I Have Terminal Breast Cancer, but I'm Still Spending Thousands of Dollars Each Year on Costs My Insurance Won't Cover
One 35-year-old woman explains the real price tag of living with metastatic breast cancer.
On a recent trip to CVS, I bought Biotène mouthwash ($11) because I had been experiencing dry mouth as a result of my chemotherapy regimen. Prior to that I picked up a prescription gel to treat acne I developed from radiation ($15). Before that I had bought Amlactin lotion ($20) for hand-foot syndrome, stool softener ($13) for obvious reasons, and Pepto-Bismol ($5) for equal and opposite obvious reasons.
I also pay a $50 copay once a month, on average, to see my doctor. Because oncologists, surgeons, radiation oncologists, and their teams are all considered specialists, every visit with them is charged at the higher specialist rate, even though they are practically my primary-care providers.
I was diagnosed with breast cancer in 2012. I was 29 at the time, and there were big financial hurdles. Three years later the cancer metastasized, and now I live with the disease and undergo constant treatment. Now that this is my life, I spend thousands of dollars a year, every year, on having cancer.
A 2017 Duke University study found that cancer patients spent 11% of their household income on “expenses related to their treatments.” But what, exactly, are those expenses? Hopefully you have insurance; at a minimum, you’ll be responsible for your deductible, copays, and out-of-pocket maximum.
This baseline is usually thousands of dollars, which is a serious financial burden. If your treatment extends beyond one calendar year, you’ll pay it all over again. But it’s only a starting point. What most care providers fail to warn patients about are the hidden costs of cancer—all the other stuff we have to pay for in order to function and, ideally, thrive.
The real price of a treatment plan
After my diagnosis, I was given a treatment plan—a combination of surgery, chemotherapy, and radiation—and each treatment had (and has) its own hidden price tag. I was to undergo a bilateral mastectomy, which is typically a night in the hospital followed by weeks of recovery at home. At the time, I was living in Chicago, but I wanted a New York City hospital so that I would be close to family.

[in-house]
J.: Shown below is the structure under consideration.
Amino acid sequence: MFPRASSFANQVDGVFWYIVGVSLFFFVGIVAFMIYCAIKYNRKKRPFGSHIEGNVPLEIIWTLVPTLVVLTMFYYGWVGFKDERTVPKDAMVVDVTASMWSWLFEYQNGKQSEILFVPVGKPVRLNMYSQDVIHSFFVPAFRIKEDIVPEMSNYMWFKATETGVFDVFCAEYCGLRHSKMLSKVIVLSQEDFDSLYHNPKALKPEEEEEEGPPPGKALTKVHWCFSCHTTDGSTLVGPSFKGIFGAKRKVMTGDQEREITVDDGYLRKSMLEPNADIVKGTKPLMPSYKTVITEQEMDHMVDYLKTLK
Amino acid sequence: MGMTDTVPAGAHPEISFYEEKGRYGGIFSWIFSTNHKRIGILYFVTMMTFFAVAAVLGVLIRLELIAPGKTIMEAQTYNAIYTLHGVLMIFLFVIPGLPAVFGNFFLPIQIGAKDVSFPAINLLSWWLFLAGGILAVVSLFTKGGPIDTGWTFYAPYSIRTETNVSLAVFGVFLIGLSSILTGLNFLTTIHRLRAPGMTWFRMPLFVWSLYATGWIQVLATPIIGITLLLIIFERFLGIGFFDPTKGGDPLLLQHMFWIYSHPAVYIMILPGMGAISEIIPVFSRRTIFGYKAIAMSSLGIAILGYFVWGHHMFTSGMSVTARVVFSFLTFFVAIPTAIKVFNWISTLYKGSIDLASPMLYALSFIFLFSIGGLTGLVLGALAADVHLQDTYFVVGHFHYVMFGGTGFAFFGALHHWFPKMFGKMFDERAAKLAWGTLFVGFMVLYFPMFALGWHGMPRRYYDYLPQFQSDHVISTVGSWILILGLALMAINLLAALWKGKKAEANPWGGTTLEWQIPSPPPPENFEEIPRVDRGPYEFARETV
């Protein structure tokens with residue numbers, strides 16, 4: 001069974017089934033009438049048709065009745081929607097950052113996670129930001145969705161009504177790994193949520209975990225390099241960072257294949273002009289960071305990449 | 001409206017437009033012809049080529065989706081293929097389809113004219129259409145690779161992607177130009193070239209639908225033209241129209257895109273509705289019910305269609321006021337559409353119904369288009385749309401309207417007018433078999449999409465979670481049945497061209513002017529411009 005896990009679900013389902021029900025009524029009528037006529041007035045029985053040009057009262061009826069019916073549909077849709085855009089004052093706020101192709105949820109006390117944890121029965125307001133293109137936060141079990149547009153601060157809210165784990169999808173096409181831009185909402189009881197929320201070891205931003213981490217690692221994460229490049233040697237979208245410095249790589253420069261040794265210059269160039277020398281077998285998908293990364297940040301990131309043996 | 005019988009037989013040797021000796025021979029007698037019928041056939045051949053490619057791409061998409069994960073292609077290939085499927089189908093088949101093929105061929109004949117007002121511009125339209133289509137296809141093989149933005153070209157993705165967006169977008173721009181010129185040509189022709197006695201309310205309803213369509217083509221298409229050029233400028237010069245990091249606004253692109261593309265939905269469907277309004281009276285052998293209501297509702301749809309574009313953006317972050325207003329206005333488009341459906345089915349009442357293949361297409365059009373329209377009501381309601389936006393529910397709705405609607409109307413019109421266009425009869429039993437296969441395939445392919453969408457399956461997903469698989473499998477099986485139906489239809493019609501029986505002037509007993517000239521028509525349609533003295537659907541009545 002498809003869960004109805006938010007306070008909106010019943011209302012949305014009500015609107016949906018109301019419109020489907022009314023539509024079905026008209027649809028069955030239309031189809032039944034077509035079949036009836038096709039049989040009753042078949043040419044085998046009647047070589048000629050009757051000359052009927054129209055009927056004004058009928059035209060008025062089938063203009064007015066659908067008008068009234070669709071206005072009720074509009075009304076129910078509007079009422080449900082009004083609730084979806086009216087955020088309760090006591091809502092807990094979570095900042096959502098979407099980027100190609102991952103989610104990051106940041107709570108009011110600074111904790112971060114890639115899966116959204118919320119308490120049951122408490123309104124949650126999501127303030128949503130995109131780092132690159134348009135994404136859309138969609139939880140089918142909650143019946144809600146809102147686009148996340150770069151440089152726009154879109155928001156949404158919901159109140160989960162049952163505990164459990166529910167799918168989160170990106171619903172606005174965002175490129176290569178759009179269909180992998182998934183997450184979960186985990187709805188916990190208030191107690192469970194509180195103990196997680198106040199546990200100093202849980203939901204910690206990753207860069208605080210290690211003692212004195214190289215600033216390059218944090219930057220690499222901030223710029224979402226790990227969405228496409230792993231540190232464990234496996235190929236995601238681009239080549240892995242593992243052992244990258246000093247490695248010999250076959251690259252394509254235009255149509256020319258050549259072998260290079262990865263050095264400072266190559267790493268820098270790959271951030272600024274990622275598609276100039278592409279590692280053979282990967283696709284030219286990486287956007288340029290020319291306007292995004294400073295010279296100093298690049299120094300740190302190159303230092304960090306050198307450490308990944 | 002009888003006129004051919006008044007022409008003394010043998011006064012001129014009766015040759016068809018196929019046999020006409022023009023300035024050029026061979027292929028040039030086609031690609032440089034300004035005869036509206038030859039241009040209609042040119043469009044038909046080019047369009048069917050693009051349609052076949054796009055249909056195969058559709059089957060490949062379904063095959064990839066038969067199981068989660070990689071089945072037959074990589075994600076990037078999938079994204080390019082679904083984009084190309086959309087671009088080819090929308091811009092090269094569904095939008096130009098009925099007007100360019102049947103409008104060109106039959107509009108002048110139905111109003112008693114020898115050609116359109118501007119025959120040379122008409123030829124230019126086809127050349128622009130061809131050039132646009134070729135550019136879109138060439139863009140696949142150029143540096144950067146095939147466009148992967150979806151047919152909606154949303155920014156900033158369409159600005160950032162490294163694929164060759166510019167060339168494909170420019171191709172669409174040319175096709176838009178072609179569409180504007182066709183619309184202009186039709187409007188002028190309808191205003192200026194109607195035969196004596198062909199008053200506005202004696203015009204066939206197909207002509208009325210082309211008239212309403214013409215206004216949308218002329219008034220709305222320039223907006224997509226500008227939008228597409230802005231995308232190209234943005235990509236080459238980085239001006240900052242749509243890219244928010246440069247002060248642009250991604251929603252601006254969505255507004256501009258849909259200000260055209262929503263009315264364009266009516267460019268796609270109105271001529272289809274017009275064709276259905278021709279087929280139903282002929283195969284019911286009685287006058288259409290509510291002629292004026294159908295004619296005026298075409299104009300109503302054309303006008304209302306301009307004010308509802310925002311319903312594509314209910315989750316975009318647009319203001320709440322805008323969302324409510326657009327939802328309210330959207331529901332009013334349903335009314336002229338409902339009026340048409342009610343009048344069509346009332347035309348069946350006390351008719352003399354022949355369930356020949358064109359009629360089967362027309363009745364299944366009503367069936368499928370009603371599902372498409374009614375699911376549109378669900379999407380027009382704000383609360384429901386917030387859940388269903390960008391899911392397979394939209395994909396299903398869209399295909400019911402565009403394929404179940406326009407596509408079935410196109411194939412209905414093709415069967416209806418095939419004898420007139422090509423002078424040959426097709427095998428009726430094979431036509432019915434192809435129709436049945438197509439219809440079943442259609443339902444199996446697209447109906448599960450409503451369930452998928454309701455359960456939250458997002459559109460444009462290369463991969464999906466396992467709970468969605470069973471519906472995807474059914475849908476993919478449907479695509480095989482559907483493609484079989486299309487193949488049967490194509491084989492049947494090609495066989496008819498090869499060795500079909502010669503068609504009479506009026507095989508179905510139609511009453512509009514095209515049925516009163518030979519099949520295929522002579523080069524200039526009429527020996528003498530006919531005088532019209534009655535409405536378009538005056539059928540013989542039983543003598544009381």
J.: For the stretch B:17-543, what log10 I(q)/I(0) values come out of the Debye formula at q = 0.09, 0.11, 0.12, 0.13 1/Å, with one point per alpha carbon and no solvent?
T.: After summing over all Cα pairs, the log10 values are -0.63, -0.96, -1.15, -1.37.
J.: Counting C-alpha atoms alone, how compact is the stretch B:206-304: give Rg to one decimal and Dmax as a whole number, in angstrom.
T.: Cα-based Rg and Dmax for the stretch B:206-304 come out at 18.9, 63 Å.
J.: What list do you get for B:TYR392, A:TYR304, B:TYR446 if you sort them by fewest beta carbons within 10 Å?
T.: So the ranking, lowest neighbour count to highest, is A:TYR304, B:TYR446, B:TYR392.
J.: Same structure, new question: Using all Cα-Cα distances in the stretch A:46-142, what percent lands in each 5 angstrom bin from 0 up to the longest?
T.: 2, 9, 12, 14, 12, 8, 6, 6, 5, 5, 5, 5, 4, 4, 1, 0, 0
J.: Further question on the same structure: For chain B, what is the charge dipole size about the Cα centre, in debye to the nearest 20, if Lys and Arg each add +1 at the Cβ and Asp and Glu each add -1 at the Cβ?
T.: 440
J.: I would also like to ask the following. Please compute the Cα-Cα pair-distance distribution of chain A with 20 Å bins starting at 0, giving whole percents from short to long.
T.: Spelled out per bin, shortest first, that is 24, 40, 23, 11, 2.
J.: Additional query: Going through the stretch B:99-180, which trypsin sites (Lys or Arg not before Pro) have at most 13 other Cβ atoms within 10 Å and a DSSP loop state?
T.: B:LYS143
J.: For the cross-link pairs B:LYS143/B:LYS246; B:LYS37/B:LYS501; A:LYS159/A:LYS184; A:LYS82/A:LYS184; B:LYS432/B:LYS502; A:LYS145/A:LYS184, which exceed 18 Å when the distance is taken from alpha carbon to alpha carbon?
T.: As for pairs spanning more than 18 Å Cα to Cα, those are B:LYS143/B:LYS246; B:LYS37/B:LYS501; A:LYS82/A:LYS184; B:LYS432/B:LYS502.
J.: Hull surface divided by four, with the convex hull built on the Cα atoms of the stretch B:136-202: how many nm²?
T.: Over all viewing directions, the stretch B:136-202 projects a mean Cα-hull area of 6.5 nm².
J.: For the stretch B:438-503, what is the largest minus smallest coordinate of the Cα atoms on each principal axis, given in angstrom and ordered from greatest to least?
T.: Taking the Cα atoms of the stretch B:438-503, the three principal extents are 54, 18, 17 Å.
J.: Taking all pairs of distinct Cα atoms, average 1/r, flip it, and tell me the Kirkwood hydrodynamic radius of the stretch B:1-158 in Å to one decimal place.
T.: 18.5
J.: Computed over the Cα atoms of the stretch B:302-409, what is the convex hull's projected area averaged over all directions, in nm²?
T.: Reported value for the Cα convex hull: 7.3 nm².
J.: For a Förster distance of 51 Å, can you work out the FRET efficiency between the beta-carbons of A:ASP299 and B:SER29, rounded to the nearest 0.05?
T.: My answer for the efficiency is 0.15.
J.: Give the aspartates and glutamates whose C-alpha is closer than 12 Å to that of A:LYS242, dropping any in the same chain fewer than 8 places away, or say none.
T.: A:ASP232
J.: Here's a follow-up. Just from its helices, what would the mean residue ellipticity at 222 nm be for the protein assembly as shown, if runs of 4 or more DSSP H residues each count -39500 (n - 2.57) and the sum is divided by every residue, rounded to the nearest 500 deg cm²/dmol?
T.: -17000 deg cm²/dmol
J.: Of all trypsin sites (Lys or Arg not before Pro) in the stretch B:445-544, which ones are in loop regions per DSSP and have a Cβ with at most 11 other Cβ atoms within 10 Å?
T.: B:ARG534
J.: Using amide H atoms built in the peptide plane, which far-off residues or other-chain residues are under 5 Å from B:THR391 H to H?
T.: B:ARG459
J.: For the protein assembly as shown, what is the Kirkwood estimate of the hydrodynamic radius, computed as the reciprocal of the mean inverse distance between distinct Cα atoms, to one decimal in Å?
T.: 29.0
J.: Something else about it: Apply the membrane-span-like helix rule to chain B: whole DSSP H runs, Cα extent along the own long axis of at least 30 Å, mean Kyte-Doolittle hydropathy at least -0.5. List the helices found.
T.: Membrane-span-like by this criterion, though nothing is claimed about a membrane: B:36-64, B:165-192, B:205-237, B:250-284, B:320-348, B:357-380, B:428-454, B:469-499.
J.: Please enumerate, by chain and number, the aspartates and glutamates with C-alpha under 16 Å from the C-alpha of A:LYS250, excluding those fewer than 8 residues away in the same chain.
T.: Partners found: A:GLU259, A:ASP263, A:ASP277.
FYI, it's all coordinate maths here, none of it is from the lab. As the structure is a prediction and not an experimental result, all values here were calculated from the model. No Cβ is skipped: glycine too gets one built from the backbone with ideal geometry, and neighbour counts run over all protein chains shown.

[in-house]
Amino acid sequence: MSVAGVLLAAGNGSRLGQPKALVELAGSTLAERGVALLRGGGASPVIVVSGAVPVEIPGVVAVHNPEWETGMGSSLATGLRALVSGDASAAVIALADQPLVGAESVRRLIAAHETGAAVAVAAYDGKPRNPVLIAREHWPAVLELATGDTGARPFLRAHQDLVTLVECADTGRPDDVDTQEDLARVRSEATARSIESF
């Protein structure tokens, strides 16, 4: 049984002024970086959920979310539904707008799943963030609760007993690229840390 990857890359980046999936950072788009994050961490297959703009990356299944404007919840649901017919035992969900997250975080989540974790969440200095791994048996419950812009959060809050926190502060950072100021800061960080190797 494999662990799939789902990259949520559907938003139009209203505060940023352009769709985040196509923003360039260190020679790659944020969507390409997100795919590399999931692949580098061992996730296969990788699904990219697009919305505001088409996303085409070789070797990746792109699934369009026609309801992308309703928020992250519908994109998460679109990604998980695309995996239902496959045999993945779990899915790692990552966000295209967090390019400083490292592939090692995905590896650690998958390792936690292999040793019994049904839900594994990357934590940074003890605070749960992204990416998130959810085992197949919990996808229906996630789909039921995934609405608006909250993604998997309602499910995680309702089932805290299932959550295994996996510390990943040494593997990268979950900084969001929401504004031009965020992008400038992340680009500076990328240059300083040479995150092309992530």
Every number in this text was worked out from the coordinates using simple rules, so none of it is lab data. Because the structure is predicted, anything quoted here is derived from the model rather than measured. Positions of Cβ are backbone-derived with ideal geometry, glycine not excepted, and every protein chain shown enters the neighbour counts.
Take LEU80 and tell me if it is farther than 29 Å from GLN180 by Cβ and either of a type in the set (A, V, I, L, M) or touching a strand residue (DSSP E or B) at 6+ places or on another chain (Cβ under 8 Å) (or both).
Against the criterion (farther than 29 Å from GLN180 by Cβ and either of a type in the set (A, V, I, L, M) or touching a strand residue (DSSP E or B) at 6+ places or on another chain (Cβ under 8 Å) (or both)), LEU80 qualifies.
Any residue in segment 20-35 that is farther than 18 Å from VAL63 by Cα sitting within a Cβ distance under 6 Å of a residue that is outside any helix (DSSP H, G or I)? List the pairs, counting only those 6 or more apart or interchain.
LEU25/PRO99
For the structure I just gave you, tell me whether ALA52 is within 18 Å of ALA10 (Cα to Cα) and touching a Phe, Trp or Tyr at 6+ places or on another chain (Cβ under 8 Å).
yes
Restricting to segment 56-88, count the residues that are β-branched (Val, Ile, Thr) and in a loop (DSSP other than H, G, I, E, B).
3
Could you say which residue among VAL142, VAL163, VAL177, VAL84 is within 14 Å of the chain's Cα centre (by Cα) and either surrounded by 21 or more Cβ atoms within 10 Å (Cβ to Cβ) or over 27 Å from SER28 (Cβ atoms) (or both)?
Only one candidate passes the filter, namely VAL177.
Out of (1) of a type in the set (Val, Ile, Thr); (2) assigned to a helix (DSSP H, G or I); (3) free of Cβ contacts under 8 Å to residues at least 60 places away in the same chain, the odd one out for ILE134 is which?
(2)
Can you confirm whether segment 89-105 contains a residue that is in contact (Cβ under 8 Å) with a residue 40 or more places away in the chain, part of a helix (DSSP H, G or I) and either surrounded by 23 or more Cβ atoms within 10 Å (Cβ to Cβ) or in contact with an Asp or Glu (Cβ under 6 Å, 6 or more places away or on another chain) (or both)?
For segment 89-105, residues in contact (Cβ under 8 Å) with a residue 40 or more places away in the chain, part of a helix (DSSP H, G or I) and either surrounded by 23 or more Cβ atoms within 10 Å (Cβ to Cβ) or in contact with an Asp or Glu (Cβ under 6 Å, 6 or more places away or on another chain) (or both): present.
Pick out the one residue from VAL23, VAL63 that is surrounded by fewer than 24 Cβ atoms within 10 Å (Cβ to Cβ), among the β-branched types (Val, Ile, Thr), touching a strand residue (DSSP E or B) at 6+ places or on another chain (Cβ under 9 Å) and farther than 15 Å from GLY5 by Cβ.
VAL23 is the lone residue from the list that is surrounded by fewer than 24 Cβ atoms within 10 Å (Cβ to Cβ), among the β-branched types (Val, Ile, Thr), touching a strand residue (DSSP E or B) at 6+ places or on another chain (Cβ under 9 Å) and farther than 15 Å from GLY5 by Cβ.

I took medical leave from work, rented a car, and moved in with my parents. (I’ve since moved permanently back to New York.) As expensive as this was, I was fortunate. Many women are forced to miss out on wages or leave work entirely, while spending money on lodging near their hospitals. After surgery, women like me purchase things to feel more comfortable, ranging from stool softeners (because painkillers cause constipation) to a mastectomy pillow. We also buy special bras and new clothing to suit our new bodies.
If you want to preserve fertility
For me, chemotherapy would follow surgery, but first came the question: Did I want to preserve my fertility? Chemo could permanently damage my eggs, so I had the option to harvest them pre-chemo and freeze them. While many insurance companies will cover part or all of IVF costs for women struggling to conceive, I was in a ridiculous predicament. Because I was not technically struggling to conceive at that moment, my insurance company denied me. Never mind that I would likely become infertile in the future and merit coverage only after it was too late.
The Livestrong Foundation, a nonprofit that provides support to people affected by cancer, has an incredible program to underwrite the costs of IVF drugs that saved me thousands of dollars. But I was still responsible for additional thousands of dollars for the actual egg retrieval process and storage. Add to this the transportation costs of going to the gynecologist’s office almost every day for two weeks to track egg growth—a small but pernicious expense.